As cybersecurity threats continue to evolve, banks and financial institutions are constantly looking at ways to best tackle cybercrime. Every year, companies across all sectors experience cyberattacks. However, according to Dr Mary Aiken, a leading academic focused on the evolving interaction between information technology and human behaviour, the most damaging and continuously evolving security threat comes not from subversive outsiders, but trusted insiders: employees, business partners and contractors.
Insider threat is a notoriously difficult area to predict from a forensic profiling and risk management perspective, largely due to the complexity of motive and criminal intent. Understanding human motives when manifested in technology-mediated environments is of prime importance to tackling insider threat. Given that human behaviour can mutate or change in cyber contexts, it is essential for financial institutions to know their employees in a real-world context and to know who they are online.
Building and maintaining a strong and diverse risk culture
Everyone, from the board to the frontline, has an important role to play in mitigating insider threat. Apart from building and maintaining a strong security culture in which everyone takes security seriously, Cheri stresses that organisations also need to frame security “in the language of the business” so that it does not mistakenly get considered just a “technology issue”. Organisations cannot rely solely on technology or security professionals to keep data, assets and infrastructure safe. Instead, they must adopt a holistic approach that shows employees the benefits of behaving securely and the risks of failing to do so.
Shared responsibility is a key theme in creating a strong culture in cybersecurity
Diverse threats demand diverse solutions
In all organisations, it is important to attract talent from multidisciplinary areas. In cybersecurity specifically, diversity is essential, because of the wide variety of motivations and backgrounds among threat actors. Drawing on a diverse pool can bring a more well-rounded approach to critical thinking and problem solving. Employees with a natural aptitude in skills such as psychology, problem solving and communications can provide insight, perspectives and further advantages within cybersecurity teams.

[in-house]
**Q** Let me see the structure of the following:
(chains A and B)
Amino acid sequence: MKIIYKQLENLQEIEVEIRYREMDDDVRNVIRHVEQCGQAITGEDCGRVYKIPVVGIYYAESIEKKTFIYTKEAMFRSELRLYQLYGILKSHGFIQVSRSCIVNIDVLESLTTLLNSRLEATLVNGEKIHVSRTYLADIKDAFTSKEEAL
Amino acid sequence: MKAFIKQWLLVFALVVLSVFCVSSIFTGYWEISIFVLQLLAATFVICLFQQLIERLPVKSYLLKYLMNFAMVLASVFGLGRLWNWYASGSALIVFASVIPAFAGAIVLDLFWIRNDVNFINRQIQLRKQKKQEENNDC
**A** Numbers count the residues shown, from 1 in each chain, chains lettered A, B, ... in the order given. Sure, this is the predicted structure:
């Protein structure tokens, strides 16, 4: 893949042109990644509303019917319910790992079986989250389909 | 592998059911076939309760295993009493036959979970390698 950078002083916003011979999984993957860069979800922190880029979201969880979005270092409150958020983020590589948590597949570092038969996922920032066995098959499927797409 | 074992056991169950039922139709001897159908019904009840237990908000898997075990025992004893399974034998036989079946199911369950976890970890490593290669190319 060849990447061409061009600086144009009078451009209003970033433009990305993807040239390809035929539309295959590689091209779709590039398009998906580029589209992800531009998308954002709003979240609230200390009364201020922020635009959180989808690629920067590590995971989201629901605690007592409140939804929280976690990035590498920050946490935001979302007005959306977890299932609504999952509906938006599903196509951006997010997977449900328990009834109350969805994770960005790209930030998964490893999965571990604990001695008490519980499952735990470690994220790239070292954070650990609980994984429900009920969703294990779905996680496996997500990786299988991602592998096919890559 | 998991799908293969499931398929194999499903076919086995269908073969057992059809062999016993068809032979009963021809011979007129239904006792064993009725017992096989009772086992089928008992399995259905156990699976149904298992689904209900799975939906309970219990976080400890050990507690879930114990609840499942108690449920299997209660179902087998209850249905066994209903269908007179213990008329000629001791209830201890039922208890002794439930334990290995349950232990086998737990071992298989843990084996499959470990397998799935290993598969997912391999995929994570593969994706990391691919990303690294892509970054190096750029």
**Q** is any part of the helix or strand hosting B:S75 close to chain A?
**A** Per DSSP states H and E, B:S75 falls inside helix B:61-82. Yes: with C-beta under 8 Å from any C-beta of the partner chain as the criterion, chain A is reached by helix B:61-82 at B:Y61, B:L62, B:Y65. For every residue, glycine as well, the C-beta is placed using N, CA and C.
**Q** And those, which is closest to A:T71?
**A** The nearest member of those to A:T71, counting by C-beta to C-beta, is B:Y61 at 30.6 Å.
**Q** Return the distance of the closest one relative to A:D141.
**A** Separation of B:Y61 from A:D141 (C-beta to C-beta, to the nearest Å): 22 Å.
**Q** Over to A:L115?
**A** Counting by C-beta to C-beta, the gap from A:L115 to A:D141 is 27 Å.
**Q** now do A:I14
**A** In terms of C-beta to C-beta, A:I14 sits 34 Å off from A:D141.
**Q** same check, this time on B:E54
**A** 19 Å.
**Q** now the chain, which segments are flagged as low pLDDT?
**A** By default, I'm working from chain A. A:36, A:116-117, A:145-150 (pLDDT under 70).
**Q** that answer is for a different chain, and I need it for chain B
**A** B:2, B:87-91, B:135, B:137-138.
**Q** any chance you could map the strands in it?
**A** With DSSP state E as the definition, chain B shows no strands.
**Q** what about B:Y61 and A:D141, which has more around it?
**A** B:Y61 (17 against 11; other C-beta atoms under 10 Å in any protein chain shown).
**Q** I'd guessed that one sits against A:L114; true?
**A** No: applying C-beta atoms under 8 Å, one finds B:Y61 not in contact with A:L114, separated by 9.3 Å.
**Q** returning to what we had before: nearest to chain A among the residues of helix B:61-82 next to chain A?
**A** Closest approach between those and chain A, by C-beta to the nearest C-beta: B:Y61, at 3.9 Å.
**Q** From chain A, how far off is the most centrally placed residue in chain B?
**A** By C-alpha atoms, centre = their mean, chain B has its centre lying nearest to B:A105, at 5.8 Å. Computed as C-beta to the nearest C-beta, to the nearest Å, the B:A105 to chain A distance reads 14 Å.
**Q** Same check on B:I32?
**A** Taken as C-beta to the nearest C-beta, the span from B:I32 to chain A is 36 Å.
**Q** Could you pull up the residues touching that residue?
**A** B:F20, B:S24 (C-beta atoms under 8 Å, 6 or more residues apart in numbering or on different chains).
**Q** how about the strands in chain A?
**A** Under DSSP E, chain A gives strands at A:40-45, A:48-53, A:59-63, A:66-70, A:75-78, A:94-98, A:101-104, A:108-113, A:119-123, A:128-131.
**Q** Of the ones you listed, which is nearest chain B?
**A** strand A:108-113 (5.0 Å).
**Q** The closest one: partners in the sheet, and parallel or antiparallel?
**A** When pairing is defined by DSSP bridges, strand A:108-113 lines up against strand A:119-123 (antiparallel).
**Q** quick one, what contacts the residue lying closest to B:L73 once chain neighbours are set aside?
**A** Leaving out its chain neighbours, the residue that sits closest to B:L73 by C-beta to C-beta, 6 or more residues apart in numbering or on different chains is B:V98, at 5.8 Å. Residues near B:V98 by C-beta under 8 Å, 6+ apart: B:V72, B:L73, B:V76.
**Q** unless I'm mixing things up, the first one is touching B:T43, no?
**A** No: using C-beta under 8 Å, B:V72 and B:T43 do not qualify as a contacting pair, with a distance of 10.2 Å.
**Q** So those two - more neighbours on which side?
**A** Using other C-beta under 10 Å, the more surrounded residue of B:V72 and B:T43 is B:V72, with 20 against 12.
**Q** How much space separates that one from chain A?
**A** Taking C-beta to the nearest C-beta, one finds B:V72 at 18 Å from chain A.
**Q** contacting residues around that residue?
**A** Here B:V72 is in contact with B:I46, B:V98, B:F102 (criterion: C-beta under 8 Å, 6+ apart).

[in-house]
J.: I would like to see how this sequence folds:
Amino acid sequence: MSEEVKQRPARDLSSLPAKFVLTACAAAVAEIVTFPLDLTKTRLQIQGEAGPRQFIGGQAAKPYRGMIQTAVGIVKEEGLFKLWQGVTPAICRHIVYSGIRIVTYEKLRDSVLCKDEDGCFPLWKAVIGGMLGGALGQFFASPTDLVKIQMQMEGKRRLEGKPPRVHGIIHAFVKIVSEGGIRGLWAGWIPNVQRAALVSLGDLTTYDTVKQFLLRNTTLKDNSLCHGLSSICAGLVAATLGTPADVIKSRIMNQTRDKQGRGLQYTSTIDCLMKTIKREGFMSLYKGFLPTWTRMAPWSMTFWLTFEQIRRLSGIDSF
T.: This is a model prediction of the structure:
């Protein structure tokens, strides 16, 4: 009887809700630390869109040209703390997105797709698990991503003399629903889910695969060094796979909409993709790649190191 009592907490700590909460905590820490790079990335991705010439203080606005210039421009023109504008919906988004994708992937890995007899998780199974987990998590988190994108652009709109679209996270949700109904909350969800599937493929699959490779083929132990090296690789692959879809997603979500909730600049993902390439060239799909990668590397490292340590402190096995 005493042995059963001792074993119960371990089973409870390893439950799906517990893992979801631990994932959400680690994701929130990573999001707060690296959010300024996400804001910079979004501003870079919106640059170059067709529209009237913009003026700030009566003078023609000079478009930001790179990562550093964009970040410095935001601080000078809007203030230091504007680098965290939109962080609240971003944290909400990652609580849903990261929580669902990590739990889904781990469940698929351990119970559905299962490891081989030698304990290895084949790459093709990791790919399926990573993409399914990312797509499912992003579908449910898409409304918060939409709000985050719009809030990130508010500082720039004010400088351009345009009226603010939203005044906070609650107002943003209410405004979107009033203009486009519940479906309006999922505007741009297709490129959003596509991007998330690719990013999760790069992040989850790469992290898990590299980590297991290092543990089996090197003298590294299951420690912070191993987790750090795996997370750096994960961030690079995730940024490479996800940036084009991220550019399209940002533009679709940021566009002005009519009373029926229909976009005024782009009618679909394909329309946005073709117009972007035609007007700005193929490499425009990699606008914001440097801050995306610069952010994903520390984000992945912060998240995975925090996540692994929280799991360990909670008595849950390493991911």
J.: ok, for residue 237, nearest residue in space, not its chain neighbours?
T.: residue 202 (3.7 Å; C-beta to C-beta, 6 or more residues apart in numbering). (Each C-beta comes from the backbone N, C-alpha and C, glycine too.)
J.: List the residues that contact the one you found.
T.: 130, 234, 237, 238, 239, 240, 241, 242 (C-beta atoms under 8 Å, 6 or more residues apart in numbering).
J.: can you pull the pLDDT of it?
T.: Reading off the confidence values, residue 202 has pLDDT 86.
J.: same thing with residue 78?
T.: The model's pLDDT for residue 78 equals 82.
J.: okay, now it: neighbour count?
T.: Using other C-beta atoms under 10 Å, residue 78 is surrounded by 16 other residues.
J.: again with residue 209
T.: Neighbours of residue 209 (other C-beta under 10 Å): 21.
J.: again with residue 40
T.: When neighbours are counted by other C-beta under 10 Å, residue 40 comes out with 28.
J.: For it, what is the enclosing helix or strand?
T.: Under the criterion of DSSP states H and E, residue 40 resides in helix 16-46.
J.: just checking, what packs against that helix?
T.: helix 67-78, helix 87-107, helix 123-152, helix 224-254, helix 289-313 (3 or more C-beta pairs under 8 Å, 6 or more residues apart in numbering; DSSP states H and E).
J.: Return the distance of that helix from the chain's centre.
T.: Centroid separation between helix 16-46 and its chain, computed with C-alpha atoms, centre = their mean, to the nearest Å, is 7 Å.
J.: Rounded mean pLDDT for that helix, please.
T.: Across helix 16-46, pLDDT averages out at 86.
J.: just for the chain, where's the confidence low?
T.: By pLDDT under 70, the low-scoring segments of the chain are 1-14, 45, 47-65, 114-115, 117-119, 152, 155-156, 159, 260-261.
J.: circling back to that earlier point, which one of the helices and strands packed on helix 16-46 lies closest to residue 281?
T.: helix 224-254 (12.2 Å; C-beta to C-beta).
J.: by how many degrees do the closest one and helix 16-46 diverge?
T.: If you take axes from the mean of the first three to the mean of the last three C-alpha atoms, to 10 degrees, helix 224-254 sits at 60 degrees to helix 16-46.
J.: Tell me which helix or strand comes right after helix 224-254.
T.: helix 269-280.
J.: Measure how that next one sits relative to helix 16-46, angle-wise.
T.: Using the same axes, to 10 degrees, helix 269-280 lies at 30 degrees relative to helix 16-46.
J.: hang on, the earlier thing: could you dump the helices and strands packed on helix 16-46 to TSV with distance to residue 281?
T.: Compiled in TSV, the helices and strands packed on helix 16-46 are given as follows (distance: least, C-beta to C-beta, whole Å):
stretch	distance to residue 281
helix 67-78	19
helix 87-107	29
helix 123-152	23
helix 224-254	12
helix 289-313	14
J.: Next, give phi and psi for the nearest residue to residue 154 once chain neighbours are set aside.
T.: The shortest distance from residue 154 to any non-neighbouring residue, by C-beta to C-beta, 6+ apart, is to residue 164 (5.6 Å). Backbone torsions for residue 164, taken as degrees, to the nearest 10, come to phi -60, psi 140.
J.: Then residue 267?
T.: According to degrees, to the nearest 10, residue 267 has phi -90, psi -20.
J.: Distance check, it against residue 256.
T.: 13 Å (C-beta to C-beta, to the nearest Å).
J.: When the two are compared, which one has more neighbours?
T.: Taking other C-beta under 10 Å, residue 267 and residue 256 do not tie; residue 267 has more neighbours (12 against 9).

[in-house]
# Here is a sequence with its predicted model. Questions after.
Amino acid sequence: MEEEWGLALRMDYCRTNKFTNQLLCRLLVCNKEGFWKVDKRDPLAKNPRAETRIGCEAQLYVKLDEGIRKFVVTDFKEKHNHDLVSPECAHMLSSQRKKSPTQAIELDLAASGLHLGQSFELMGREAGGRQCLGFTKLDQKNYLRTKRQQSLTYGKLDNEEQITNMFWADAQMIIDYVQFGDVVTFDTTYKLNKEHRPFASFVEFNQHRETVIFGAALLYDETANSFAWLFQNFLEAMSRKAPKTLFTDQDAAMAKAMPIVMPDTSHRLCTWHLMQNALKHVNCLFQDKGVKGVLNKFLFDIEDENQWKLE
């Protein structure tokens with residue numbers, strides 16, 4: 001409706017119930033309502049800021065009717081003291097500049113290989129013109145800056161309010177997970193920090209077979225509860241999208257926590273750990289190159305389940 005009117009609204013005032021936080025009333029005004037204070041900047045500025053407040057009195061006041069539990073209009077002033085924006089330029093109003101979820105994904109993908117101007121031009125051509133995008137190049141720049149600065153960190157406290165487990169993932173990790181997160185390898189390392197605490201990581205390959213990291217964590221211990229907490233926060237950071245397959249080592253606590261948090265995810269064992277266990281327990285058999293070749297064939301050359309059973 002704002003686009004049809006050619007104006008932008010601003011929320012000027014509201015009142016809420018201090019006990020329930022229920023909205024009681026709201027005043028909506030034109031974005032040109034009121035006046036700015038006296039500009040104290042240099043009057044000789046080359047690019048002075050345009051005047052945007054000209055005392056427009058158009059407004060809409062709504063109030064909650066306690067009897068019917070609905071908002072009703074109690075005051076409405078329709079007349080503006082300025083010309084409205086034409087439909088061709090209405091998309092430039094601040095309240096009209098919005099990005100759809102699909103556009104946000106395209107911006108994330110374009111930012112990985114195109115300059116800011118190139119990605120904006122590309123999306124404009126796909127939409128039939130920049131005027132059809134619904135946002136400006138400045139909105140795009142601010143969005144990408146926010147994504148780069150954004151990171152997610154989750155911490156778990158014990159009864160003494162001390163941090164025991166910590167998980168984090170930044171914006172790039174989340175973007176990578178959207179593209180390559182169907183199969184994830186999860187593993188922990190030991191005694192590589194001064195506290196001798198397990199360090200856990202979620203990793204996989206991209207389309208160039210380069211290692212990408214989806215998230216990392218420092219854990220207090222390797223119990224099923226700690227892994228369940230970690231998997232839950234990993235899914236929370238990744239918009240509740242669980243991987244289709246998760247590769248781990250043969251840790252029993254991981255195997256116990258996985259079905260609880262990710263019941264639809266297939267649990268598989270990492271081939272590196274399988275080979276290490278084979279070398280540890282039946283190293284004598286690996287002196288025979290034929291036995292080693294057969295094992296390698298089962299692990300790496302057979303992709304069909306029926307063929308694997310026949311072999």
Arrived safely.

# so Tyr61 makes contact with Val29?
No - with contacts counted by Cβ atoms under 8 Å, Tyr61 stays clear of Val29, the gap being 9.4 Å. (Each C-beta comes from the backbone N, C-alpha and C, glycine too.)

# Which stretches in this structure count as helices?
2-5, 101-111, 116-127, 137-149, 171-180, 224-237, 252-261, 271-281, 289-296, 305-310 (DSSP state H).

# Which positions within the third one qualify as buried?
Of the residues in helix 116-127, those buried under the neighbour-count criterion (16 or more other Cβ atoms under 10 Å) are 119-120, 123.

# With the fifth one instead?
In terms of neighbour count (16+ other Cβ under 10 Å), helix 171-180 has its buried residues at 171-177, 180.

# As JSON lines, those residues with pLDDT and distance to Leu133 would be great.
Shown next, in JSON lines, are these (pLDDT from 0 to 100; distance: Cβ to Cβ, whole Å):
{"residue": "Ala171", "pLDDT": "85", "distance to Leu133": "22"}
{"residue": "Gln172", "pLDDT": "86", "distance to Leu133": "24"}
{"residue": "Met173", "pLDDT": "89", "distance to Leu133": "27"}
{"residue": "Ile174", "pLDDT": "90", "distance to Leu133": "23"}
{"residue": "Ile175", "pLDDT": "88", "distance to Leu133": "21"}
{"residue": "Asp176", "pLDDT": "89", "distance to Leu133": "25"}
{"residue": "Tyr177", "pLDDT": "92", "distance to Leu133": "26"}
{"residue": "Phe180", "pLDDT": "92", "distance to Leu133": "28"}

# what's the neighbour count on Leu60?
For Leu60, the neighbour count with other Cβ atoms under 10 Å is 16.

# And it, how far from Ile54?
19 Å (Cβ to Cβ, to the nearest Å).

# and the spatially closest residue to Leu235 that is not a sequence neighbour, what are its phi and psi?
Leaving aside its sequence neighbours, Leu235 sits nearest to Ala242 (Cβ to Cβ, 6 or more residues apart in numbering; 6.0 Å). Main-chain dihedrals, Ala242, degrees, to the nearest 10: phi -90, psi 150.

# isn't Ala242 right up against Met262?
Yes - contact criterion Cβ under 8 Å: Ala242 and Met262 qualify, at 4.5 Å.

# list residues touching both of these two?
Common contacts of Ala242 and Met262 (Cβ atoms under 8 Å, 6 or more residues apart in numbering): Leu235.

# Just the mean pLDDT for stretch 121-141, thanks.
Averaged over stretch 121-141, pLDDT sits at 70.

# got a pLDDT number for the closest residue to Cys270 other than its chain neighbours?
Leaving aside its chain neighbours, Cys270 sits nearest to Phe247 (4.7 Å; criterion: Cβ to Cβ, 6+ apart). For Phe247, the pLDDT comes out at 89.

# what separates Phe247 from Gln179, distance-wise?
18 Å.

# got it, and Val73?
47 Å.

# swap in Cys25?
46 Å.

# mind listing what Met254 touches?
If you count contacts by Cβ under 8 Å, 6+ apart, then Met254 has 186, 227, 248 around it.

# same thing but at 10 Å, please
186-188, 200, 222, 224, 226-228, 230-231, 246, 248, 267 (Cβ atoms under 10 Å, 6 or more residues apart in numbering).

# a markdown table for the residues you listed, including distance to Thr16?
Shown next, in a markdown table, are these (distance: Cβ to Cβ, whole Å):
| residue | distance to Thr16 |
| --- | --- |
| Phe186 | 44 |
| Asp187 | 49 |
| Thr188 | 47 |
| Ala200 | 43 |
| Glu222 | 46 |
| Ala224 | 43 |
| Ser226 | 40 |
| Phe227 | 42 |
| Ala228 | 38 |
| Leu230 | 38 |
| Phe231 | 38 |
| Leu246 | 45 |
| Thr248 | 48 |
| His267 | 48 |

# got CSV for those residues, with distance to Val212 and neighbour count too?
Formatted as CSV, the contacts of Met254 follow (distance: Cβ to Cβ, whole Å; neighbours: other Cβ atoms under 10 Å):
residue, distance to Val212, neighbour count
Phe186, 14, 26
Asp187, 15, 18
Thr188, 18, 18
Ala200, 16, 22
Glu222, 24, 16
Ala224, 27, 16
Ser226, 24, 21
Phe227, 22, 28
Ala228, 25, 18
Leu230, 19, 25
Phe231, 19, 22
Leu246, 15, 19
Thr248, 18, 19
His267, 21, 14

On top of increasing diversity across cybersecurity teams, there is also room for greater collaboration between banks, financial institutions, agencies, regulatory authorities and academia to factor the human back into the cybersecurity equation. Currently, many institutions and agencies focus almost exclusively on analysing the technical and mechanical aspects of cybercrime and cybersecurity breaches – for example, dissecting malware and exploit tools, or analysing code and techniques – but few focus on social and psychological aspects of cybersecurity attacks, addressing the who and the why.
More than 90 per cent of breaches can be attributed to successful phishing campaigns, therefore the ‘human endpoint’ arguably provides the highest security risk in any financial institution
Ultimately, the key is encouraging personal responsibility for cybersecurity, from making it easier to report phishing emails to improving employee awareness in all aspects of their work and home lives. Organisations need to ensure that every employee is aware of the day-to-day risks, is clear on their role in keeping client data secure, and how their actions and choices can mitigate, or increase, those risks.
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